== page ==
I absolutely love pizza. It is definitely one of my favourite meals. I was in my teens when I first started making my own pizza, and over the years I’ve experimented with using pastry, scone dough and the traditional bread dough as the base; the bread base is definitely the best. Homemade pizza is really fun to make and can be a great thing to do when you have people over, especially if you get them involved in the pizza-topping process. I love pizza enough to be quite happy whether it’s shop-bought, take-away or homemade, though there are definitely advantages to homemade pizza. You know exactly what goes into it, you can choose your own toppings and even customise the toppings to suit each person’s tastes, you can pile on as much or as little topping and cheese as you want, and you can go tomato sauce- or cheese-less without anyone giving you funny looks as you order your pizza (that’s not just crazy talk – I do know at least one person who doesn’t like cheese, even on pizza). The process of making the dough isn’t as long or as complicated as you might think. Depending on how warm the place where you leave the dough to rise is, each rising should only take half an hour to an hour, so if you want pizza on a Saturday night, for example, start making the dough mid-afternoon and it should be ready for you to top and bake by five or six in the evening. The bread base recipe I use is adapted from The Australian Women’s Weekly Great Italian Food cookbook. All the cup measurements below were made using a 250 ml mug. Apologies for the quality of the final photos – it was late and we were hungry, so there wasn’t an awful lot of patience for the idea of playing around with food styling and light before we ate these pizzas. This makes enough dough for two 12-inch diameter pizza pans. My favourite topping combos are ham (well, just about anything with ham is good in my book), olives, mushrooms and artichokes, or spinach and ricotta. I’d love to hear your favourite topping combo in the comments below this post (especially as I’m always on the lookout for delicious new ideas when it comes to pizza toppings).
What you’ll need:
2 3/4 cups plain flour
1 package fast-action yeast (each package usually contains 7 grams of yeast)
1 teaspoon olive oil (I use extra-virgin, though straight olive oil should be fine)
1 cup warm water (I make this right before adding it in a jug before measuring it into the cup, and usually mix roughly equal quantities of just-boiled water with cold tap water and then adjust the temperature by adding more hot or cold until it feels warm but not too hot – just below comfortable bath temperature!)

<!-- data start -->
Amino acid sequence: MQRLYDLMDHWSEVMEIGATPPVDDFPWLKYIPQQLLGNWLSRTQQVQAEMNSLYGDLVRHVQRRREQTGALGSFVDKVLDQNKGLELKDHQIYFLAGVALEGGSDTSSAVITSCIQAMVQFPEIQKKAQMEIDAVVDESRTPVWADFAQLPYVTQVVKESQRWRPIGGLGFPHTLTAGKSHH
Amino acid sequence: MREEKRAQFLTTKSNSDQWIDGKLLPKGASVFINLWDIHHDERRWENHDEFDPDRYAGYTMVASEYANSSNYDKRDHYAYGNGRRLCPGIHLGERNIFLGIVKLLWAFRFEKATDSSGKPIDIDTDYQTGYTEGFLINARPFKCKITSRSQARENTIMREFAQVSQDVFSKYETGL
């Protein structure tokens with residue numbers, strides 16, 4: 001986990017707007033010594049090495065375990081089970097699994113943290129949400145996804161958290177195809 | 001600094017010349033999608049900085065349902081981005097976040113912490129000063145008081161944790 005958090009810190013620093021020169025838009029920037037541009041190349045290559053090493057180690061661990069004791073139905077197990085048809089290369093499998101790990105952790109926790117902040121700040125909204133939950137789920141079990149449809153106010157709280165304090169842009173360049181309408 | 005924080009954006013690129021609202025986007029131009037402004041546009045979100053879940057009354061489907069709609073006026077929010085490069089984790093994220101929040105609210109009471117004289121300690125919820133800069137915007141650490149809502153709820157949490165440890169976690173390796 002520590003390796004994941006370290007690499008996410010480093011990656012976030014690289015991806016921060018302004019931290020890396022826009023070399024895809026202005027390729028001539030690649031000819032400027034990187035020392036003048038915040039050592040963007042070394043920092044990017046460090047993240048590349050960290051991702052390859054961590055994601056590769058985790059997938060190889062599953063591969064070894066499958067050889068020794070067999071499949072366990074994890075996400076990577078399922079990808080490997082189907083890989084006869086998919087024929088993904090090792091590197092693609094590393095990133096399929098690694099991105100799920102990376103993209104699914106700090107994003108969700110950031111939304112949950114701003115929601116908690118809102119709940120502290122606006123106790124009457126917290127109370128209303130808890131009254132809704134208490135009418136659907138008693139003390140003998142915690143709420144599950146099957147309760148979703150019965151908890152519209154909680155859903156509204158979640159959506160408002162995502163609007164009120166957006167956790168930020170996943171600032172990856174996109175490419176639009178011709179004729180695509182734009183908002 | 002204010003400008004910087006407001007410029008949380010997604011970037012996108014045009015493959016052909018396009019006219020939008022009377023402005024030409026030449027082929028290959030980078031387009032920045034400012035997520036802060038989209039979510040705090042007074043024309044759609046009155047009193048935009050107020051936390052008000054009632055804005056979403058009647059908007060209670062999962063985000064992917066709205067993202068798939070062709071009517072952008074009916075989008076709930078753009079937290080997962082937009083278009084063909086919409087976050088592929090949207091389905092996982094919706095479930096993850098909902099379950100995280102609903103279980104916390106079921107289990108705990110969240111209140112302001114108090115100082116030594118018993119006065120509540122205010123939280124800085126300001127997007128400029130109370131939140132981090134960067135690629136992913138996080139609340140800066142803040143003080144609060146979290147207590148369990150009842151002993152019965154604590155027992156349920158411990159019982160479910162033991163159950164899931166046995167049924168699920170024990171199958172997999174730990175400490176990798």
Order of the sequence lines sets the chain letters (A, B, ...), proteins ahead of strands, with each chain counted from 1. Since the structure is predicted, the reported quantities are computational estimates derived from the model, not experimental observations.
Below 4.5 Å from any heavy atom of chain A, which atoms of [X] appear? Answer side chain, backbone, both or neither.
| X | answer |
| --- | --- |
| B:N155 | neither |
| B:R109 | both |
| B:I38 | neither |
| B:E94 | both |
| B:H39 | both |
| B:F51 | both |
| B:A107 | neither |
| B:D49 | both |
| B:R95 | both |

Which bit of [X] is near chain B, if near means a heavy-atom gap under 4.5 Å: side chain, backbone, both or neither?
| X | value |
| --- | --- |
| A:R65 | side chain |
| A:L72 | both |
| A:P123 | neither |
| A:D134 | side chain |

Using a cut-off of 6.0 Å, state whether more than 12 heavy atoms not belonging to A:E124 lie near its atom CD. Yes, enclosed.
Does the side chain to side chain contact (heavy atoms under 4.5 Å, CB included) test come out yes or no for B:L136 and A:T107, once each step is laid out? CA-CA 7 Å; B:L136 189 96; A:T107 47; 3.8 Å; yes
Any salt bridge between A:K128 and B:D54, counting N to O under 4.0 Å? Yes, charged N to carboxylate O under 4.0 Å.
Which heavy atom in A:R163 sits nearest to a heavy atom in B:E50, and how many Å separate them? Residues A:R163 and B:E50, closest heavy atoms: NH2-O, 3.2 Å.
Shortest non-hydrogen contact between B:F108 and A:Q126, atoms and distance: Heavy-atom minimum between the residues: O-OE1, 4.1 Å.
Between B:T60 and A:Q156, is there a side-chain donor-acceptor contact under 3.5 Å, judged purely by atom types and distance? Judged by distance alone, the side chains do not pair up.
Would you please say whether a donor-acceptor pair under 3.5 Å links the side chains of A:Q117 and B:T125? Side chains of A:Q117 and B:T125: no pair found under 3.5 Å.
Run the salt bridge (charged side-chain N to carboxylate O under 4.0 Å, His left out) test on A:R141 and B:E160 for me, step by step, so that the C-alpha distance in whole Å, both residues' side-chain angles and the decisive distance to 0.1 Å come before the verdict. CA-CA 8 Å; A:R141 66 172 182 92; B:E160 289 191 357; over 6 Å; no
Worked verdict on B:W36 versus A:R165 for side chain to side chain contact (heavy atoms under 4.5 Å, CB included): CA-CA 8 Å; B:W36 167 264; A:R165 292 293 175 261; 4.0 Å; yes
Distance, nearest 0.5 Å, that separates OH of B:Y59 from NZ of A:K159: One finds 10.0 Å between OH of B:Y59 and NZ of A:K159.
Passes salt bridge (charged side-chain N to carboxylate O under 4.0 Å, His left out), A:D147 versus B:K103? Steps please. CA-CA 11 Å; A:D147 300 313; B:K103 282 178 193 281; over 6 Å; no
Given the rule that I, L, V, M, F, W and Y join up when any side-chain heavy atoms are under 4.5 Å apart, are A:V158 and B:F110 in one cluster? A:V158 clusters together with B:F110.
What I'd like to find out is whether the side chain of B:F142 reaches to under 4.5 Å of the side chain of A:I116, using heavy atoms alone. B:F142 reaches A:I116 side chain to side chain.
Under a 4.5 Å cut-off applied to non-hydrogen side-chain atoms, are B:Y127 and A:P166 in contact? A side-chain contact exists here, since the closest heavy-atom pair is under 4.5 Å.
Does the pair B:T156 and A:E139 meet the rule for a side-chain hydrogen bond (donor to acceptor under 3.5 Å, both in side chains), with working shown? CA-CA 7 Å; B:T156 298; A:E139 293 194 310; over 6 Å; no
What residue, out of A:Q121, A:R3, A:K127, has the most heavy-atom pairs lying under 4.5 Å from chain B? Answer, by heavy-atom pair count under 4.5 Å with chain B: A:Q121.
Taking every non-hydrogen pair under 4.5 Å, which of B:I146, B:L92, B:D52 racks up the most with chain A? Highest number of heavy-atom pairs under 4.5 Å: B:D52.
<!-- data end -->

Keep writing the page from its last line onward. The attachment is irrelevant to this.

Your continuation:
Tomato sauce to top the pizzas with (I usually mix together roughly equal quantities of tomato sauce and tomato paste, and then add more of either to taste; if it is too thick, add a tiny bit of water)
Freshly ground pepper and dried herbs of choice (I usually like oregano and/or basil)
Pizza toppings and cheese of choice (check out this web page, and scroll down to the bottom of the page, for a pretty extensive list of popular pizza toppings)
What to do:
1. Sift the flour into a bowl, and add and mix in the salt and yeast. Add the olive oil and water to the flour and mix together with a wooden spoon (or other stirring utensil). Towards the end you might just need to dive in with your hands to work all the flour into the dough.
2. Turn the dough onto a clean, lightly floured surface and knead for about five minutes. If you don’t know how to knead, the action you want is a bit like massaging, though don’t dwell too long on the thought of massaging the dough – that just sounds too weird. Try to keep the flour to a minimum as most of what you sprinkle the surface and your hands with will end up in the dough.
3. Put the kneaded (not massaged!) dough back into the bowl and cover with a clean, damp tea towel and put in a warm place to rise. As I mentioned above, this should take about half an hour to an hour, depending on how warm it is. By the end of this time, the dough should be about double the size it was before rising. I’m afraid you’ll have to imagine this step as I have no accompanying photo…
4. Tip the dough back out onto a clean, lightly floured surface and knead again for about five minutes. Brush each pizza pan with oil (I used extra virgin olive oil because that’s what I had, but other oils should be fine). Divide the dough in half, and then roll out each half and line each pizza pan with dough, trimming around the edges if necessary. If you’ve rolled the dough to thin and have holes in your pizza base, just fill them with spare bits of dough. I can’t seem to be consistent with how thick my pizza bases are, so sometimes end up with spare dough that I shape into a roll, loaf or plait and leave to rise with the pizza bases, and then bake into bread. Once you’ve lined the pizza pans with dough, cover each pan with a clean, damp tea towel and leave somewhere warm again to rise, for about half an hour to an hour. By the end of this time, the dough will look quite spongy as you can (hopefully) see in the photo below.
5. When the bases have risen, pre-heat the oven to gas mark six and position the shelves in either the middle or just above the middle of the oven, whilst you finish preparing the pizzas. To prepare the pizzas, spread some of the tomato sauce onto each base with the back of a spoon or a spatula (if you use a knife be extra careful, as sometimes they catch on the dough base and pierce it) and then sprinkle pepper and herbs over the tomato sauce. Top each pizza with your favourite toppings and cheese (though not too thick as that may stop the dough base from cooking properly), and then bake for about 25-30 minutes until cooked. Then eat and enjoy!